by Jason Van Horn
In Dungeon Empires, players start by naming and picking their character, which amounts mostly to picking whether they're going to be a warrior type character or a magic wielding mage. The general gist is that the game is evenly split between the two actions of dungeon crawling and dungeon crafting. The world of Dungeon Empires is separated into several layers, each one more difficult than the last, so characters up to level 15 are expected to quest and crawl through the first level, players within a certain range are safe to start exploring the next, and so on. The game does have dungeons created by the developers, but the real meat of the game is choosing to adventure through dungeon masters just like yourself in order to take their dungeon down.
Once you've gained enough experience points your character will automatically level-up in a few categories - such as how much health they have - but you'll then have two attribute points you can use to put towards your character's strength, dexterity, and magic. Each character only starts with a basic attack and a special attack which consumes mana, but eventually you'll be able to learn new skills upon reaching level ten, and you can further enhance your character by equipping them with the best armor you can buy or earn through drops in your own dungeon.
Dungeon crawling is easy too thanks to several of the game's features. As you explore the dungeon a mini-map in the top right corner will start to reveal itself and show you everywhere you've been and what doors are still available to you that you haven't gone through yet. The mini-map is especially helpful when you find yourself moving farther and farther away from the exit as you're trying to find that last monster to kill. Instead of having to manually walk, however, players can click on any location within the map and if it's far enough away your character will break into a sprint and quickly make their way to your marker like the Flash as the rooms and corridors speed past them in a blur.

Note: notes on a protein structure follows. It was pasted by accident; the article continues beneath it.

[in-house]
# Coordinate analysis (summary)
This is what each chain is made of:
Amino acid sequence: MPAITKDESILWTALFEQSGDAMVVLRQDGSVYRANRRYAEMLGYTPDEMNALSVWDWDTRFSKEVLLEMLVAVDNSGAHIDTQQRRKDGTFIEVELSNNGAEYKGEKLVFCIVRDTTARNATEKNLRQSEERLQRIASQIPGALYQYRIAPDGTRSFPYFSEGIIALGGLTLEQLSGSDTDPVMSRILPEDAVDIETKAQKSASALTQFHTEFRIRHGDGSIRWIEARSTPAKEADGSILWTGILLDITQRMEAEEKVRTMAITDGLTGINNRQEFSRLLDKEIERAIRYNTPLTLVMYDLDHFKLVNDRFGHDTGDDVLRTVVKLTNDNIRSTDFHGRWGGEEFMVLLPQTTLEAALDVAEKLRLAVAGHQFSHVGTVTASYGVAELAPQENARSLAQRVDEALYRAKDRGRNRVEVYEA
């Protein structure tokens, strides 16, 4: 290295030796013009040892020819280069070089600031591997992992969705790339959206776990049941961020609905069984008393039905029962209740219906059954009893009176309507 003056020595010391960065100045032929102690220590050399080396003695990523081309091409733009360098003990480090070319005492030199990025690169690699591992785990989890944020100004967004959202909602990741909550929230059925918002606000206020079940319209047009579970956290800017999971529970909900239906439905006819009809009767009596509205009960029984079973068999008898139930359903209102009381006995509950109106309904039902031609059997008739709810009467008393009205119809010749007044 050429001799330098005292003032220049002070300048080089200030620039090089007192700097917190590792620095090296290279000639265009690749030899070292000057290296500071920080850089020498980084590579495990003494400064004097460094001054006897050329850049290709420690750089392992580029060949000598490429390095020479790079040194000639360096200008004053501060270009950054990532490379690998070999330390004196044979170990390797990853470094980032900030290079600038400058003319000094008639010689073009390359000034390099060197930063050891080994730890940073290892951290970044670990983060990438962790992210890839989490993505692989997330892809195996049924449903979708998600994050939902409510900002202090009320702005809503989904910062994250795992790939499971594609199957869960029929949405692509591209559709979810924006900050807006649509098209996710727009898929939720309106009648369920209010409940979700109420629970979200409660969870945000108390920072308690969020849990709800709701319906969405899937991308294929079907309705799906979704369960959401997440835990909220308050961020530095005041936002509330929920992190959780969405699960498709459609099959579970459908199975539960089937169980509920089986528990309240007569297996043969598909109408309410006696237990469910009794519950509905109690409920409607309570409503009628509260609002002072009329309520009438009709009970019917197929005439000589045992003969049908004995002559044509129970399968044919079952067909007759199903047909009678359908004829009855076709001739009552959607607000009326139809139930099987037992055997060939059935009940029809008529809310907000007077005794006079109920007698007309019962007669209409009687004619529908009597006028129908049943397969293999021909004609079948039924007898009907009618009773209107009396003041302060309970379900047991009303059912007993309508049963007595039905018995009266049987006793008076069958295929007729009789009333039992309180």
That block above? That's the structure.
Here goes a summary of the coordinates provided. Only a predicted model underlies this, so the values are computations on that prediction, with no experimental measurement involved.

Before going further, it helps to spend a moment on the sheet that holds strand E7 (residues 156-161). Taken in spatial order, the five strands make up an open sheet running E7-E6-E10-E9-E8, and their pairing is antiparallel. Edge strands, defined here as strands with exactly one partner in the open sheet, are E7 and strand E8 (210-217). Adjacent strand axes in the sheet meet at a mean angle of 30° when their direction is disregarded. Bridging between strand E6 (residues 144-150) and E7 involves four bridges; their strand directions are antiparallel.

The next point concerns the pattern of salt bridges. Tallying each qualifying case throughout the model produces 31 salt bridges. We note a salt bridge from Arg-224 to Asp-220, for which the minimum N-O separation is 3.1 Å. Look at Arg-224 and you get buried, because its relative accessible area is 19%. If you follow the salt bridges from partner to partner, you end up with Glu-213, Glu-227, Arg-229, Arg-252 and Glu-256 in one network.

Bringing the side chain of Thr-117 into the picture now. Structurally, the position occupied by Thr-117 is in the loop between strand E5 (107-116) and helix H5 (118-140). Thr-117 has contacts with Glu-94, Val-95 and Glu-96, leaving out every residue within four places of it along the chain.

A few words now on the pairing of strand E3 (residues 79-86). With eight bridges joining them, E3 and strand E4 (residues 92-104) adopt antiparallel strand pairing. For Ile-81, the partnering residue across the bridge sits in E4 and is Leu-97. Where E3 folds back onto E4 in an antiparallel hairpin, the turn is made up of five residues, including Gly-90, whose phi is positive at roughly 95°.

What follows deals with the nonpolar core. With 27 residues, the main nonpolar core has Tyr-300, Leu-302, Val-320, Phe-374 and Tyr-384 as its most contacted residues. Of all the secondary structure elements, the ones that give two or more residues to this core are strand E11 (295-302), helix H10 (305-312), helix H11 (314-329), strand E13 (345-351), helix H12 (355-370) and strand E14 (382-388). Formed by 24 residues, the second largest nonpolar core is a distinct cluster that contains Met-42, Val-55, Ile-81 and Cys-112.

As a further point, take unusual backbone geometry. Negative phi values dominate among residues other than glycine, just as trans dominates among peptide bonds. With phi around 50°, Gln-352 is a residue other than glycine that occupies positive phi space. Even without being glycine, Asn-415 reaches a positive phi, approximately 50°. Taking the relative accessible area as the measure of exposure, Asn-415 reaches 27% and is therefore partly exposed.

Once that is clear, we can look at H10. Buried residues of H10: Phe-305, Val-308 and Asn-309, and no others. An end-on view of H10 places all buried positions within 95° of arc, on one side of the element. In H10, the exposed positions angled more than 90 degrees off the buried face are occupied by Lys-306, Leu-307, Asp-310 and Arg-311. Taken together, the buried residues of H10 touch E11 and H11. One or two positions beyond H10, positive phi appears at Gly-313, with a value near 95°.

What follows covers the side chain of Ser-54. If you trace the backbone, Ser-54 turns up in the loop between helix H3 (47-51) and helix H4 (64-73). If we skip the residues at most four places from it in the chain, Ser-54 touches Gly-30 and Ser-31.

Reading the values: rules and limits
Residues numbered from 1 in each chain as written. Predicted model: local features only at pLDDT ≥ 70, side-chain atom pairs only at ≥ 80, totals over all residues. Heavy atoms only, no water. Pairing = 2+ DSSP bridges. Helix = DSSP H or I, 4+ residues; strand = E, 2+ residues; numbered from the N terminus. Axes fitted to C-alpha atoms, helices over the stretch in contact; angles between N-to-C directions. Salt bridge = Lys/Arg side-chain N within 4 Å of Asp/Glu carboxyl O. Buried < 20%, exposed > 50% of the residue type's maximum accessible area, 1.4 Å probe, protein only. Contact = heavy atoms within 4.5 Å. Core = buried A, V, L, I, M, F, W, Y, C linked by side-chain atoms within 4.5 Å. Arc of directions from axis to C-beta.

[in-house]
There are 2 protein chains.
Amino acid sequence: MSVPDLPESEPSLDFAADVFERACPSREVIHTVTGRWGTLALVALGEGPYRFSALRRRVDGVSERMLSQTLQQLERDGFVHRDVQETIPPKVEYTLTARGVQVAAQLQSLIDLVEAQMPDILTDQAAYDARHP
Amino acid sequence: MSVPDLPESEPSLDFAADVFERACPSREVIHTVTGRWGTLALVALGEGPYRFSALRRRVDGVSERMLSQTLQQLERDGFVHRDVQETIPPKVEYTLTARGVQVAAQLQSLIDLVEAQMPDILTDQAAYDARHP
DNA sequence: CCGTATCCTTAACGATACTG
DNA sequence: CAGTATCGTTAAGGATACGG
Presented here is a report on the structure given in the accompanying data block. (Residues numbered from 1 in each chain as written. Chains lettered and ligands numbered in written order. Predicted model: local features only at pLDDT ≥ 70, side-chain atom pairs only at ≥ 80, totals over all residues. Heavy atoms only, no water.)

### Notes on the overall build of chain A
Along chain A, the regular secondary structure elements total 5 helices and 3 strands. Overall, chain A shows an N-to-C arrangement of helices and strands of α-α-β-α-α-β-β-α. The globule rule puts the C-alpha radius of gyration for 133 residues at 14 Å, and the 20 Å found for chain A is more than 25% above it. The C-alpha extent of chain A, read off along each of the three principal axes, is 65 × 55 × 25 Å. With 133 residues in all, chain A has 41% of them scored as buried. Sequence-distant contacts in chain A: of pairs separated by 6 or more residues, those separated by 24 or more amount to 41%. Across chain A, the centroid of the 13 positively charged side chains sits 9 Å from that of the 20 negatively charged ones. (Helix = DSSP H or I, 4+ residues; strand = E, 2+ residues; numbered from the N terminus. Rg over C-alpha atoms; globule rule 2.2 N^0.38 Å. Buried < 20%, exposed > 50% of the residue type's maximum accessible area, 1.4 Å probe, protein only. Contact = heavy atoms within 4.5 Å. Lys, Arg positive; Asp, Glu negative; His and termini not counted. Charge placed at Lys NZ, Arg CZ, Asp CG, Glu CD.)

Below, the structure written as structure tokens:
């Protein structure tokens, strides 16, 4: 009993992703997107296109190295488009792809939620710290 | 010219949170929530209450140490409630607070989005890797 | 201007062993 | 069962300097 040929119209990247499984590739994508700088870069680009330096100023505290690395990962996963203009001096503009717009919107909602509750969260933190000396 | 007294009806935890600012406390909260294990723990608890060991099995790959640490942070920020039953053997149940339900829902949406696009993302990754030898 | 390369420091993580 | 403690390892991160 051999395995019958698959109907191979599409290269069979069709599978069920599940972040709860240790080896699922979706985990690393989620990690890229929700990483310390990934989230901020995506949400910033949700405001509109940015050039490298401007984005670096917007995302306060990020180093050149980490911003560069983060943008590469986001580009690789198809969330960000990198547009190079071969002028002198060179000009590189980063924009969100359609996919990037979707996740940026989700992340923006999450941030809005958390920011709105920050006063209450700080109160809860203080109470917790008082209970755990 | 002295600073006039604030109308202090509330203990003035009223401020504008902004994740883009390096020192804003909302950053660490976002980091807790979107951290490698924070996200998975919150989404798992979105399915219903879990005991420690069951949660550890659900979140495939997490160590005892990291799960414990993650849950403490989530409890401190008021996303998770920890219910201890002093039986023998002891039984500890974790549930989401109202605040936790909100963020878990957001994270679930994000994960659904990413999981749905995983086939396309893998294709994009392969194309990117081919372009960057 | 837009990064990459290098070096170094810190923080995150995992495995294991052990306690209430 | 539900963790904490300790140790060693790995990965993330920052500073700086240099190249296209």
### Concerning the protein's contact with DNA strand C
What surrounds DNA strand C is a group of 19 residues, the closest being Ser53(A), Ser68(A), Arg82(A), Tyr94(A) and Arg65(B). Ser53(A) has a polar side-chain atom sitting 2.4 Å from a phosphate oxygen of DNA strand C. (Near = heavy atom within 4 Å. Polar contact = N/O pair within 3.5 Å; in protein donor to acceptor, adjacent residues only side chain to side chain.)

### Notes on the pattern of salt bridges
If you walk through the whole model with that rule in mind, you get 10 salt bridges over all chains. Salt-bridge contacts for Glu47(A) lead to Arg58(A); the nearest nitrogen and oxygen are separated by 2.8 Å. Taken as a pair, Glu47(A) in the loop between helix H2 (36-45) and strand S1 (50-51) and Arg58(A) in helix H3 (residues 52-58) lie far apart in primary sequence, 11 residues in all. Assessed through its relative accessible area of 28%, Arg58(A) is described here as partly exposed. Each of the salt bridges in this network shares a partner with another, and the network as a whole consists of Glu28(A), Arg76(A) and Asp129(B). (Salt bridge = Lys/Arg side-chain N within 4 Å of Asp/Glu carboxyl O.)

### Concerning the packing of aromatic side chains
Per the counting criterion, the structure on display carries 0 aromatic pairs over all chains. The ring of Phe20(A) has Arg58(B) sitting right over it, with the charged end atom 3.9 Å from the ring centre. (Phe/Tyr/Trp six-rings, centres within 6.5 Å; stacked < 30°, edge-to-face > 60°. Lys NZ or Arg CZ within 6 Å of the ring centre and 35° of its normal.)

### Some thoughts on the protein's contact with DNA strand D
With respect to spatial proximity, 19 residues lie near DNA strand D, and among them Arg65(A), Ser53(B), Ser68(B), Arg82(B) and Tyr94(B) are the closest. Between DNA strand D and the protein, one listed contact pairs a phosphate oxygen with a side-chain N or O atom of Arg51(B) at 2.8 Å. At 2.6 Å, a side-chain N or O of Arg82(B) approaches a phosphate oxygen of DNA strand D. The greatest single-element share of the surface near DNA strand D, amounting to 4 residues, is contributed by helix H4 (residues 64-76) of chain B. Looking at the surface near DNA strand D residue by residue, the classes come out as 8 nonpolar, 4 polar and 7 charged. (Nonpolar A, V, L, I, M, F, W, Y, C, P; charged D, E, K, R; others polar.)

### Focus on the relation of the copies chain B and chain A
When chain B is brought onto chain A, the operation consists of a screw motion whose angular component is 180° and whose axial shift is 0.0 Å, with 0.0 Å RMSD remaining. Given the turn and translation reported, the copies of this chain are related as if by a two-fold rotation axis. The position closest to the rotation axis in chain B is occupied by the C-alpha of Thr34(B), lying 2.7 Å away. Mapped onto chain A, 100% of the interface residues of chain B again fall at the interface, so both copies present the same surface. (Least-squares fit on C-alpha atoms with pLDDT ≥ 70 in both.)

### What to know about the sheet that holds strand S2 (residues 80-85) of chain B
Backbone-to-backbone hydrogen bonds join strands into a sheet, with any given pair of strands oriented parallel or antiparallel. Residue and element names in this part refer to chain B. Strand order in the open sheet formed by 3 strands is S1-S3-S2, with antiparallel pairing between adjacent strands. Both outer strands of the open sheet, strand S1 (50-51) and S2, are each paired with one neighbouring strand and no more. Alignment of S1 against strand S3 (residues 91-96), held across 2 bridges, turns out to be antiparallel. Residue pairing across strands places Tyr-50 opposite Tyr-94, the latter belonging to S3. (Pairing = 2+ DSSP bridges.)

Building dungeons is slightly complicated at first, but it's a lot easier to use than some other systems out there. Players are basically given a map and they're free to do with it as they wish, but they're limited based on items they've found and how much gold they have at their disposal. The only real rule is that each room must somehow make a connection to some other room on the map, so you can't have an empty room set to the side and no way to reach it. You'll find different room layouts from looting chests, as some are larger than others, some only allow for small monsters, some only have one door, others have multiple places for fixtures, etc. The challenge comes in properly utilizing everything you have so that your dungeon is as deadly as possible.
The main way to spice up your dungeon is by adding monsters. Each room has size restrictions, so if a room only allows the placement of small creatures you can't put something like a golem or dragon into that slot. Players can further enhance the monsters of a certain room by adding fixtures, which are tied into different groups of monsters, so some creeping ivy might help improve the effectiveness of any ant-based creatures placed in there while a shrunken head would improve how a mummy performs. Players can also change a room's style and add magical shards to give a room special effects such as an increase to fire damage sustained to the player. The creatures won't blindly follow you, however, as they expect compensation for the work they do for you. The dungeon as a whole is represented as a satisfaction level, which slowly declines over time. As you let this meter drop further and further, you'll find that your monsters will start hording your earned gold for themselves and not giving you all the profit they've earned by killing people. In order to raise this meter up and keep your monsters happy, you'll have to take the time to pay the monsters with gold from your own pocket so they can keep turning around a profit for you.
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